3. HeroreV: it was not my intention to "bash" open source. I don't see myself saying anything about Firefox and Mozilla going away or bankrupt so I have no idea where you made that up from. I do in fact personally believe that open sourcing would be good for Opera as a product though I have no idea how it would work for Opera the company. (Note the wording of the post: "*actually* makes me glad".)I have however had the impression that Apple has taken a lot from Open Source and perhaps given a bit less back. I've read about how KHTML and Safari have diverged, for example stuff like http://www.kdedevelopers.org/node/1001http://lists.kde.org/?l=kfm-devel&m=109584767914165and while the shutdown notice from the OpenDarwin project carefully avoids putting any blame on Apple it doesn't seem Apple has gotten their relationship with the Open Source community right – far from it. They might have some work to do on that.Perhaps KHTML's licence was too liberal and let Apple get away with not contributing back in a usable form? In any case, I was implying a criticism of Apple and don't understand why you thought otherwise.

  4. >>> Even if a company goes bust, the source of their products or any other IP doesn't necessarily get lost.As long as something is closed source, it's *at risk* of being lost. Not that it will, just that it's possible.>>> The reason I stay with Opera is that I like the quality of their products, the innovation carried out, the people working there and their continued pushing for open standards.That was actually my point. The reason people like Opera isn't because it's closed source; they liked it for other reasons.>>> it was not my intention to "bash" open source.Please excuse me if I misunderstood you.>>> I don't see myself saying anything about Firefox and Mozilla going away or bankrupt so I have no idea where you made that up from.I was just using Firefox/Mozilla as an example of a successful open source project.>>> Perhaps KHTML's licence was too liberal and let Apple get away with not contributing back in a usable form?The purpose of a copyleft licencse isn't to ensure that changes can be easily incorporated back into the original project. It's okay for a fork to become so different from the original that changes can't be merged back. It would be entirely against the ideals of free software to say, "You can modify it, but only if you keep it close enough to the original that we can use your changes."What's important is that the fork can always be continued and improved, and is never lost. The LGPL ensures that when Apple stops supporting WebKit, other people can continue working on it.>>> In any case, I was implying a criticism of Apple and don't understand why you thought otherwise.You seemed to be implying that open source doesn't work, and that OpenDarwin failed because it was open source. When you said, "sensing the disappointment from that page actually makes me glad Opera is closed source", you seemed to be saying that being closed source would prevent Opera from having the same fate as OpenDarwin.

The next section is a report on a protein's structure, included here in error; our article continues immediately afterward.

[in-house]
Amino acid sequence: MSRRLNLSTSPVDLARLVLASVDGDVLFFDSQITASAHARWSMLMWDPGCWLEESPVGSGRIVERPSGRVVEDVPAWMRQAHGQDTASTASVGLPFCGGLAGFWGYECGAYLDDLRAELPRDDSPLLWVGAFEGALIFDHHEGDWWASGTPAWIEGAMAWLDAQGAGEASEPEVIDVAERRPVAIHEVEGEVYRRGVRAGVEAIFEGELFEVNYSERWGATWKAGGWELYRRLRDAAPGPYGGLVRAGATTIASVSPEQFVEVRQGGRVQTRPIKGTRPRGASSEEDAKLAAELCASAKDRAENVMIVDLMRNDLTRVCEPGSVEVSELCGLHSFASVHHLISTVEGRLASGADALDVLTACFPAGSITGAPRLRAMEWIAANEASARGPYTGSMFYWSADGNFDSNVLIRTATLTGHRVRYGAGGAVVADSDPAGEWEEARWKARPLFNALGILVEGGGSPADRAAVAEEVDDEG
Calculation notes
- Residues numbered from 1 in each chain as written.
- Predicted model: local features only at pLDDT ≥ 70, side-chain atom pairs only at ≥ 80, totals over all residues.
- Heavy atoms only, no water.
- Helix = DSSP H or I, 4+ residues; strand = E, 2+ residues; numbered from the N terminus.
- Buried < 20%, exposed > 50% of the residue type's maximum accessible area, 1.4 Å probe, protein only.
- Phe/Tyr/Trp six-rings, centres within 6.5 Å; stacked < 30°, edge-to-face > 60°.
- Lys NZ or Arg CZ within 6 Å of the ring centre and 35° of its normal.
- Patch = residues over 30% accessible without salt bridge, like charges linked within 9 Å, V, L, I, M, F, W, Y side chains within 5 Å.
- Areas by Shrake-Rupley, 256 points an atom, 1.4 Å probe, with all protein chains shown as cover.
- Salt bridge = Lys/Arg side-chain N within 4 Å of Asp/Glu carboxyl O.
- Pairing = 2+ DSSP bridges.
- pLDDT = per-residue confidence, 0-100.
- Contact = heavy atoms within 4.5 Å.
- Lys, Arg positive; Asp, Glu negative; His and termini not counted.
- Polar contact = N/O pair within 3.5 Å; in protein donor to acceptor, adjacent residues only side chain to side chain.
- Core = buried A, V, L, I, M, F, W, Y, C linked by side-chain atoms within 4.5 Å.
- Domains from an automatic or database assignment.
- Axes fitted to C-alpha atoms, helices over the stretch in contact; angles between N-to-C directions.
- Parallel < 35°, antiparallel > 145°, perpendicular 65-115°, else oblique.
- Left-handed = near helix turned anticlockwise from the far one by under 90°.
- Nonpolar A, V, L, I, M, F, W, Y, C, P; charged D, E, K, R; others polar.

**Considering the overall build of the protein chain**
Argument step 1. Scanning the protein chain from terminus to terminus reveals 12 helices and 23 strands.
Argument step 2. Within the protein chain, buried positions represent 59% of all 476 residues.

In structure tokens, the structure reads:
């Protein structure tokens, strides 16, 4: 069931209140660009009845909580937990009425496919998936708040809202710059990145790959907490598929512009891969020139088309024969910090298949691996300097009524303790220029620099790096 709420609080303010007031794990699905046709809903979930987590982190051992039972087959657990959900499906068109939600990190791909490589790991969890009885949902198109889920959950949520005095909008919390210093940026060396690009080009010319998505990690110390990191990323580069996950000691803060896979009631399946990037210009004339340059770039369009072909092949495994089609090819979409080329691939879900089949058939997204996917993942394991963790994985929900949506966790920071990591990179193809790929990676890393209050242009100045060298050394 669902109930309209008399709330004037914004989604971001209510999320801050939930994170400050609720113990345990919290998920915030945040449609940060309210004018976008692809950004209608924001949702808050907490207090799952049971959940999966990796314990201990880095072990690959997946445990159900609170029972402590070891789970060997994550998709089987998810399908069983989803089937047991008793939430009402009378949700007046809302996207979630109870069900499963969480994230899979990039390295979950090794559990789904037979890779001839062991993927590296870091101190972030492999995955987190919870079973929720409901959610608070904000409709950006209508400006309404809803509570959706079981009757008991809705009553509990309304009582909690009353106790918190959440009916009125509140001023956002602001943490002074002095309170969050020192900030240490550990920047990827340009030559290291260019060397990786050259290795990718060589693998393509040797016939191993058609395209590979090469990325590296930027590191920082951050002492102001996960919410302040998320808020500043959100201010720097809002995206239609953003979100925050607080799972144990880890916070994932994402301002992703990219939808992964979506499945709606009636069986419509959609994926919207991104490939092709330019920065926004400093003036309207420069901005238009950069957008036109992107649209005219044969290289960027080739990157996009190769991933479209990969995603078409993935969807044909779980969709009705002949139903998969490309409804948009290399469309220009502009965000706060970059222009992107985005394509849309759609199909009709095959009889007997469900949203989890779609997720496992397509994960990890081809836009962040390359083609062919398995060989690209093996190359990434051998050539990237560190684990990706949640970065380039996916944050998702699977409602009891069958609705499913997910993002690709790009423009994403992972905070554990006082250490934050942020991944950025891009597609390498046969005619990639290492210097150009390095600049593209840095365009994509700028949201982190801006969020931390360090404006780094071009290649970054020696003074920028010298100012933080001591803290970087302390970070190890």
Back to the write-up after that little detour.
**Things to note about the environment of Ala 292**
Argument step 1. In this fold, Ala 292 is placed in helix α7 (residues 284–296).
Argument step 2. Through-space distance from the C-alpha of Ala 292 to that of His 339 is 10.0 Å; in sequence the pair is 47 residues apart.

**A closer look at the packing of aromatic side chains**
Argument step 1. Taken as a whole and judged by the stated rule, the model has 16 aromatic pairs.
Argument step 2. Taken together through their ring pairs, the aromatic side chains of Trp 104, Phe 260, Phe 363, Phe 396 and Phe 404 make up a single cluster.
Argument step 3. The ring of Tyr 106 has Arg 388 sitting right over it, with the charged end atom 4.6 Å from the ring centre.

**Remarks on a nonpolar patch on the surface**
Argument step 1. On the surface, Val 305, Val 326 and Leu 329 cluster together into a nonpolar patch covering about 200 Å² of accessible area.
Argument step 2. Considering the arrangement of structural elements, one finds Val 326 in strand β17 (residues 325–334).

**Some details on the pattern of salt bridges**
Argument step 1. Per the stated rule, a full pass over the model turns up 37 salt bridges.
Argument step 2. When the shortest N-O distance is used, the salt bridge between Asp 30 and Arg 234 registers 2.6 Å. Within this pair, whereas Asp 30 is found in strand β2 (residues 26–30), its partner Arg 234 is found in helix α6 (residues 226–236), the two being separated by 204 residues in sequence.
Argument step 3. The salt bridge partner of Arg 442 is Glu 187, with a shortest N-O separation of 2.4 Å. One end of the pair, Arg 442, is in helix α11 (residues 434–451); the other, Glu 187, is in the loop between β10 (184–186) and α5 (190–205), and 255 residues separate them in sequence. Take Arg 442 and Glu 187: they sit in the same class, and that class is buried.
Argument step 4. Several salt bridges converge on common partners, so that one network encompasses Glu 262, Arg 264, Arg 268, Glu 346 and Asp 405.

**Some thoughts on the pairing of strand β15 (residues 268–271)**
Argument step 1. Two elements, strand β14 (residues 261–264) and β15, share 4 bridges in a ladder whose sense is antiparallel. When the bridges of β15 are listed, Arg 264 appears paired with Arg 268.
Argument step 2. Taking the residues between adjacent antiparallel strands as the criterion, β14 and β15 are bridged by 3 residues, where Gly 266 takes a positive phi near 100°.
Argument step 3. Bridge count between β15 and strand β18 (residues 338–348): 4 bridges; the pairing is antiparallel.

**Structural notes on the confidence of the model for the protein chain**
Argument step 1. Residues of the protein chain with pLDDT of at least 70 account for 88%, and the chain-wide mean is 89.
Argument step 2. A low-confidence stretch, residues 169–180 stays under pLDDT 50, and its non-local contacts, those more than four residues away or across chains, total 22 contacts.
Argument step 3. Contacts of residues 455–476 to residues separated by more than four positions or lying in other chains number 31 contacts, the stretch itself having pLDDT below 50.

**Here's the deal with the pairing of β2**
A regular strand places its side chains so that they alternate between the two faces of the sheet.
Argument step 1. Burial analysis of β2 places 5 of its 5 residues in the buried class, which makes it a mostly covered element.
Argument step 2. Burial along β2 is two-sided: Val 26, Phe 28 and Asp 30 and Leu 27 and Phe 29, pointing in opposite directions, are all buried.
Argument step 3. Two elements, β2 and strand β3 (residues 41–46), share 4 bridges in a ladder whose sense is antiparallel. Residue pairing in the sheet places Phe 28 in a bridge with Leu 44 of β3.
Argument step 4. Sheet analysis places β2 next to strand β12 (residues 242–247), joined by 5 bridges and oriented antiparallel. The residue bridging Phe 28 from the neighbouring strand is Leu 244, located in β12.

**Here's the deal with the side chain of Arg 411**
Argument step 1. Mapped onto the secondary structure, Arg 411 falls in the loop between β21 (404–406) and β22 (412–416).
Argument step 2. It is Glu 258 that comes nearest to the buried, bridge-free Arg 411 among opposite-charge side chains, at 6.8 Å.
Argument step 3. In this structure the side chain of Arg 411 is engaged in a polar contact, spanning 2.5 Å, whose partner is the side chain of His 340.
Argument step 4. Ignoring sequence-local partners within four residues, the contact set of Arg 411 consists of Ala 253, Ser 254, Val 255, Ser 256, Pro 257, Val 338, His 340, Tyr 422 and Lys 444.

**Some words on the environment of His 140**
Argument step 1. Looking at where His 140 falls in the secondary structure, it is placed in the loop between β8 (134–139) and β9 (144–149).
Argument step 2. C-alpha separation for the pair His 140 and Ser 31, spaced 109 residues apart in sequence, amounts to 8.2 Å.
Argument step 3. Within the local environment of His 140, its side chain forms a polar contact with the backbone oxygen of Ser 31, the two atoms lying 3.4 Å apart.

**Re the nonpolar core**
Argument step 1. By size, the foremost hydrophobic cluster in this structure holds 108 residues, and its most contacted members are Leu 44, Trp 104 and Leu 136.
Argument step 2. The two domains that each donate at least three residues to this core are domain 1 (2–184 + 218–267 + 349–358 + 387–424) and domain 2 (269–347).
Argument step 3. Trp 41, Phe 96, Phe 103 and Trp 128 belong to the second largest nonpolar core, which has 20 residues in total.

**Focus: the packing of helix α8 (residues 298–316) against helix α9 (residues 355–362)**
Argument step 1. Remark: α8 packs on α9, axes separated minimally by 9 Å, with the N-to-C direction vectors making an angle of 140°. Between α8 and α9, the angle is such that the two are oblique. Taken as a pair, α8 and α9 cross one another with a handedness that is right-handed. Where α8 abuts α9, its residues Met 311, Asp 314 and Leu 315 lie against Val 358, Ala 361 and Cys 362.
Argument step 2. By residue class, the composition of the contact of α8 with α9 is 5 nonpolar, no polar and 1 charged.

5. OK, I see where I was unclear. I should have spelled out my thoughts in more detail so thanks for responding 😉

  6. (BTW I now think FSJ is an ingenious move from Apple's marketing people. They achieve a lot of buzz in the blogosphere and can strike out at anti-Apple criticism with non-marketing credibility.)